Sometimes, prosecutors believe that an accuser comes into court under duress because they have been threatened by the person they have accused to prevent them from going forward with the case. Prosecutors are always going to look with great skepticism when an accuser comes in and says they do not want to go forward. They are going to wonder whether or not that person has been unduly influenced.
If the accused has excessive contact with the accuser during the pendency of these cases, then prosecutors are going to be even more suspicious that the accuser is asking for the case to be dropped under some form of duress.
Dropping Domestic Violence Charges
It is a common misconception that the accuser is asking for anything. When the police become aware that a domestic assault or some other domestic violence has taken place, it becomes the police and the State of Virginia who are accusing that person of a crime. And so, when we get to court, it is the Commonwealth of Virginia versus that person. And under those circumstances, it’s up to the government how to proceed or what to ask for.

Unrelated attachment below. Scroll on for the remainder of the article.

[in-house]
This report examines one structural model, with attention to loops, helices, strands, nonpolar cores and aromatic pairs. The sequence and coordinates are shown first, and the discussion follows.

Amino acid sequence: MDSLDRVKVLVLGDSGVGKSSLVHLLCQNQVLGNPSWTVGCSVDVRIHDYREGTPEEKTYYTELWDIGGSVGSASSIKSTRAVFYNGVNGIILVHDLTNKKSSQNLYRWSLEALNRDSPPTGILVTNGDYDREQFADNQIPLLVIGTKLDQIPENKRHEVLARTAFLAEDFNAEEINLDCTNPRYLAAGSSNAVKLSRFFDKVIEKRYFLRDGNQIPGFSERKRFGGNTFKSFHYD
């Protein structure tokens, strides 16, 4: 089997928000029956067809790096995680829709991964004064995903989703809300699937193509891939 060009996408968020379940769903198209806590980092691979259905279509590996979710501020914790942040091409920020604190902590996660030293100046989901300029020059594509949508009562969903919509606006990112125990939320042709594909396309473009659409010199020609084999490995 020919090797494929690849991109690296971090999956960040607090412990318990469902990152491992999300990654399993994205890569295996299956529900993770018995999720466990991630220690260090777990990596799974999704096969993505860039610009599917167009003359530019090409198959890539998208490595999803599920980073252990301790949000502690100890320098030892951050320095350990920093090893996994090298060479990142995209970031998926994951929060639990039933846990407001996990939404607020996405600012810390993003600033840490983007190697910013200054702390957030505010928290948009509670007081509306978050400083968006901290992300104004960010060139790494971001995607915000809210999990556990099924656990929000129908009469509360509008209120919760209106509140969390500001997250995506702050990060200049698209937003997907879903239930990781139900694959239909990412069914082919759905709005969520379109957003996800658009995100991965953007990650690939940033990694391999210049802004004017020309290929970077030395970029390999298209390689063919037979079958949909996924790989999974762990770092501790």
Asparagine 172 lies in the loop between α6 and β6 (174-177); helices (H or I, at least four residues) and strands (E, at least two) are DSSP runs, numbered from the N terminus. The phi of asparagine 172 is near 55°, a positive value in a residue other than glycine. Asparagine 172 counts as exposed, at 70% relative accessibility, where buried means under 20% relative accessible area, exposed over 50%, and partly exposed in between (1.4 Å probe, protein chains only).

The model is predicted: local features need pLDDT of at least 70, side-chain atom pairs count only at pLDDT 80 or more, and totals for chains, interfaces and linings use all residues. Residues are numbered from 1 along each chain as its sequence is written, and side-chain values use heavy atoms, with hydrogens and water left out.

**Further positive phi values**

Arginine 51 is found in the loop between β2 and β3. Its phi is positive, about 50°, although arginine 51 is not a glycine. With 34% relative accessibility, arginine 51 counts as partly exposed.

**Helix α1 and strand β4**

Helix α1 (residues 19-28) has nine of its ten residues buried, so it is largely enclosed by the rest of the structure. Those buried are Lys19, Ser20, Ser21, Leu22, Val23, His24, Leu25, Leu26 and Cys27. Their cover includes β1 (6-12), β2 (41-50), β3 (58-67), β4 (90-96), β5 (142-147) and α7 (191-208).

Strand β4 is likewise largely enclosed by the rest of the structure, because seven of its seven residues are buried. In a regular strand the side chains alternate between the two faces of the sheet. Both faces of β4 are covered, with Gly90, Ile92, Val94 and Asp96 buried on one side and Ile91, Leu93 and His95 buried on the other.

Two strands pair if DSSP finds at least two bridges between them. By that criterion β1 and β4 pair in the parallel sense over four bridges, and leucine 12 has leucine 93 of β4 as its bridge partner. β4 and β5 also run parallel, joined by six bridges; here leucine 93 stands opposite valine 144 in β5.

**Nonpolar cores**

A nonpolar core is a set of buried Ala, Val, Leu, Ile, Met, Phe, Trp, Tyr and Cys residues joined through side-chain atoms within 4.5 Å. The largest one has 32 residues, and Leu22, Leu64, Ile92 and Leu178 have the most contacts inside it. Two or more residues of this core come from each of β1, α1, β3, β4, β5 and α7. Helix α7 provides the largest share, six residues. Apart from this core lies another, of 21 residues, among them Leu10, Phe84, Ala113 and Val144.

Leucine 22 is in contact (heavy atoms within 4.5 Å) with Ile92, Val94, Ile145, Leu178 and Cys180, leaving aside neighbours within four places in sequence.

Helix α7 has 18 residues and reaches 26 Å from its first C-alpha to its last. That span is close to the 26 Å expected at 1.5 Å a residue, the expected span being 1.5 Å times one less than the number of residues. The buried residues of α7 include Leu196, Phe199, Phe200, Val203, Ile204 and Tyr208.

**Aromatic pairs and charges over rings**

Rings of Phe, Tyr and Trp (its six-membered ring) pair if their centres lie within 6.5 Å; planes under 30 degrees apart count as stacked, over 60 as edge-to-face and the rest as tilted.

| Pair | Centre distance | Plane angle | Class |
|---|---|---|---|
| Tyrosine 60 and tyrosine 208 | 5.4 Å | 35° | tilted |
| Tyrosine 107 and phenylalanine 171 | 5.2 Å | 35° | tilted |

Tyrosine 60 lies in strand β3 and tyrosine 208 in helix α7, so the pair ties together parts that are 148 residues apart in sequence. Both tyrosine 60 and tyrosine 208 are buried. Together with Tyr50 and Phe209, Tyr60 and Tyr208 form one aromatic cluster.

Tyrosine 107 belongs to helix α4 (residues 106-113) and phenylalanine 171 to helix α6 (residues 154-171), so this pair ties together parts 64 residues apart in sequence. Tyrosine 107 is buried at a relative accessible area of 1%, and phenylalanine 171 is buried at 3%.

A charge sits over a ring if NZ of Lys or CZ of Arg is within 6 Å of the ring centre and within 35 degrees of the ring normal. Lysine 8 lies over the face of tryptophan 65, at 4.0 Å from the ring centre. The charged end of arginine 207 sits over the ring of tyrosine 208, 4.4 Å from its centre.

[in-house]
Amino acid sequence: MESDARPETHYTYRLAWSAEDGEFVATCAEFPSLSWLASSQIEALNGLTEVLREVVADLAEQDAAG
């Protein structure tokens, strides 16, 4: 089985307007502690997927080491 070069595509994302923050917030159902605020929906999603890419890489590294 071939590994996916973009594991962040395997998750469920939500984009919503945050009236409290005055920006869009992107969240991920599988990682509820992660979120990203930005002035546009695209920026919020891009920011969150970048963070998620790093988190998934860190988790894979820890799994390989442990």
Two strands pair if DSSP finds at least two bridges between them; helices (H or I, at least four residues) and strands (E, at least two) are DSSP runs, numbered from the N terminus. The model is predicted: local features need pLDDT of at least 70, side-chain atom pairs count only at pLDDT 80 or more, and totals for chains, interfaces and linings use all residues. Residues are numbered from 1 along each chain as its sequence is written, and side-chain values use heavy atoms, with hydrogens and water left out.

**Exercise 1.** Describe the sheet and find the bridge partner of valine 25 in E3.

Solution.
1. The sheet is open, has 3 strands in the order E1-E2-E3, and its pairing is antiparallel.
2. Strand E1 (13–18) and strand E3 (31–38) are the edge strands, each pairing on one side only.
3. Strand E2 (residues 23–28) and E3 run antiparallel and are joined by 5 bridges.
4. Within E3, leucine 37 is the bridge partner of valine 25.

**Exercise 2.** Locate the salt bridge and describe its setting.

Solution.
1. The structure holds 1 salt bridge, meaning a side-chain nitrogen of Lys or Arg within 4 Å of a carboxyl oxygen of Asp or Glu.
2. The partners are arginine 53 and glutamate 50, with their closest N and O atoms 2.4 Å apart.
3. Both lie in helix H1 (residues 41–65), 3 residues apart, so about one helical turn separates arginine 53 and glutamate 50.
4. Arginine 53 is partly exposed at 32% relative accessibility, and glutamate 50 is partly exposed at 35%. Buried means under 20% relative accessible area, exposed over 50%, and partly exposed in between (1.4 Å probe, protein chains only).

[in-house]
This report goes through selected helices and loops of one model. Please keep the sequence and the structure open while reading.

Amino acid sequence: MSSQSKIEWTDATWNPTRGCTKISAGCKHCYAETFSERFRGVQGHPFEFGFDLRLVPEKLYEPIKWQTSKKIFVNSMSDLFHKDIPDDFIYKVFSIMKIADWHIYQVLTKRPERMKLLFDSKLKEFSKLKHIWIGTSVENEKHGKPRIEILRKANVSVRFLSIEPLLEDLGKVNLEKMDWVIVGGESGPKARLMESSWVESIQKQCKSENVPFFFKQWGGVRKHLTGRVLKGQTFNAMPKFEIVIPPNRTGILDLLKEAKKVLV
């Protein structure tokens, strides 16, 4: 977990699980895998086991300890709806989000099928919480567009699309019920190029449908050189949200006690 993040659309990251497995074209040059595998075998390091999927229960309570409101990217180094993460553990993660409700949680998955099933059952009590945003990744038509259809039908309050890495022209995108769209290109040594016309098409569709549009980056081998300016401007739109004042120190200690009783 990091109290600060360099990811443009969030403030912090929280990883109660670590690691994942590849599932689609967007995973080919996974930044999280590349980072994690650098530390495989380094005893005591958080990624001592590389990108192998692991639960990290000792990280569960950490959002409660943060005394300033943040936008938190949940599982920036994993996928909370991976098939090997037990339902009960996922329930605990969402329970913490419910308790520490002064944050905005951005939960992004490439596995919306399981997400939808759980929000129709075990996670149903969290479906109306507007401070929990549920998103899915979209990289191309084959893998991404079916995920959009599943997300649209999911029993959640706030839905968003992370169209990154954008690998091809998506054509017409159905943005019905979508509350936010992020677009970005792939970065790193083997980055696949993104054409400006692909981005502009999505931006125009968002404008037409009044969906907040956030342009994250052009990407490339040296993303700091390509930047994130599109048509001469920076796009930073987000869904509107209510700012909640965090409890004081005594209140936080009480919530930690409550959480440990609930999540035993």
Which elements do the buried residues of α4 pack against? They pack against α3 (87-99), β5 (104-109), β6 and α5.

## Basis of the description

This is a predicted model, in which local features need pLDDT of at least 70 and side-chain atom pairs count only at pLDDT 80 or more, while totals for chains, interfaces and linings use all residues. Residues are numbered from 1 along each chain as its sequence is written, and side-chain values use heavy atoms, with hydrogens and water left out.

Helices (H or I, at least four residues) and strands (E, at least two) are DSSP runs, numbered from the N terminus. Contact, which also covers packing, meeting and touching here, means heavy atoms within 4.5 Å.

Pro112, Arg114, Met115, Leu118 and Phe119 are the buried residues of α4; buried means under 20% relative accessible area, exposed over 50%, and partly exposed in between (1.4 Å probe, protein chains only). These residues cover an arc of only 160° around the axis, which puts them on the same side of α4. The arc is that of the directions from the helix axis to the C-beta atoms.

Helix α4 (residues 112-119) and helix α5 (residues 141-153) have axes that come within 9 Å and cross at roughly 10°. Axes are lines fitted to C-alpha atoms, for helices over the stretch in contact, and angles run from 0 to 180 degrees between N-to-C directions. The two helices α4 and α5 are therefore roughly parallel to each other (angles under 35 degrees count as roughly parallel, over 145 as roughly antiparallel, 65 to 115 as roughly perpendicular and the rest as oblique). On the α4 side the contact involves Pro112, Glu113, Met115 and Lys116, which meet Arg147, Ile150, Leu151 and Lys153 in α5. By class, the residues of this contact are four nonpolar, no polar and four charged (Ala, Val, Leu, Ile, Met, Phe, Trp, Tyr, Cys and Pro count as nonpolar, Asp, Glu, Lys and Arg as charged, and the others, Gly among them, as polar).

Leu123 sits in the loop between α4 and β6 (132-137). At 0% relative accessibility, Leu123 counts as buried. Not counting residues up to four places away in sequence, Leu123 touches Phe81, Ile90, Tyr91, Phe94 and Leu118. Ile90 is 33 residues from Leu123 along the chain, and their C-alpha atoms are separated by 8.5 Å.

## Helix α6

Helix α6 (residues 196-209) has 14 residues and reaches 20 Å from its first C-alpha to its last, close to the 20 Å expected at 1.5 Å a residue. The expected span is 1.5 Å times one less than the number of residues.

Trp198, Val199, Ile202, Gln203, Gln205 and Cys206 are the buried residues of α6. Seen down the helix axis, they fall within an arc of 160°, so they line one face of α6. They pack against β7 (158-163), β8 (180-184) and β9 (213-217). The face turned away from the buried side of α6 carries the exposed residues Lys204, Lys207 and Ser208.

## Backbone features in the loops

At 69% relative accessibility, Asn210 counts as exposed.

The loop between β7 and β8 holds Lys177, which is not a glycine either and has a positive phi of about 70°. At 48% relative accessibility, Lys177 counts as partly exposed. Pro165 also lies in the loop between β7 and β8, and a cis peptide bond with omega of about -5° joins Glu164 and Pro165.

An accuser cannot drop charges in criminal domestic violence actions in Virginia by themselves. An accuser can rise in court when they are subpoenaed to be there and ask the prosecution to drop the charges but that is the only thing that they can do. They lack the authority under Virginia law to walk into court and drop the charges themselves.
It is important to remember that the criminal case is the Commonwealth of Virginia versus the person; it is not the accuser versus the person. And so, it is ultimately up to the Commonwealth of Virginia through the prosecuting attorney in that jurisdiction to determine whether or not to go forward with criminal domestic violence actions.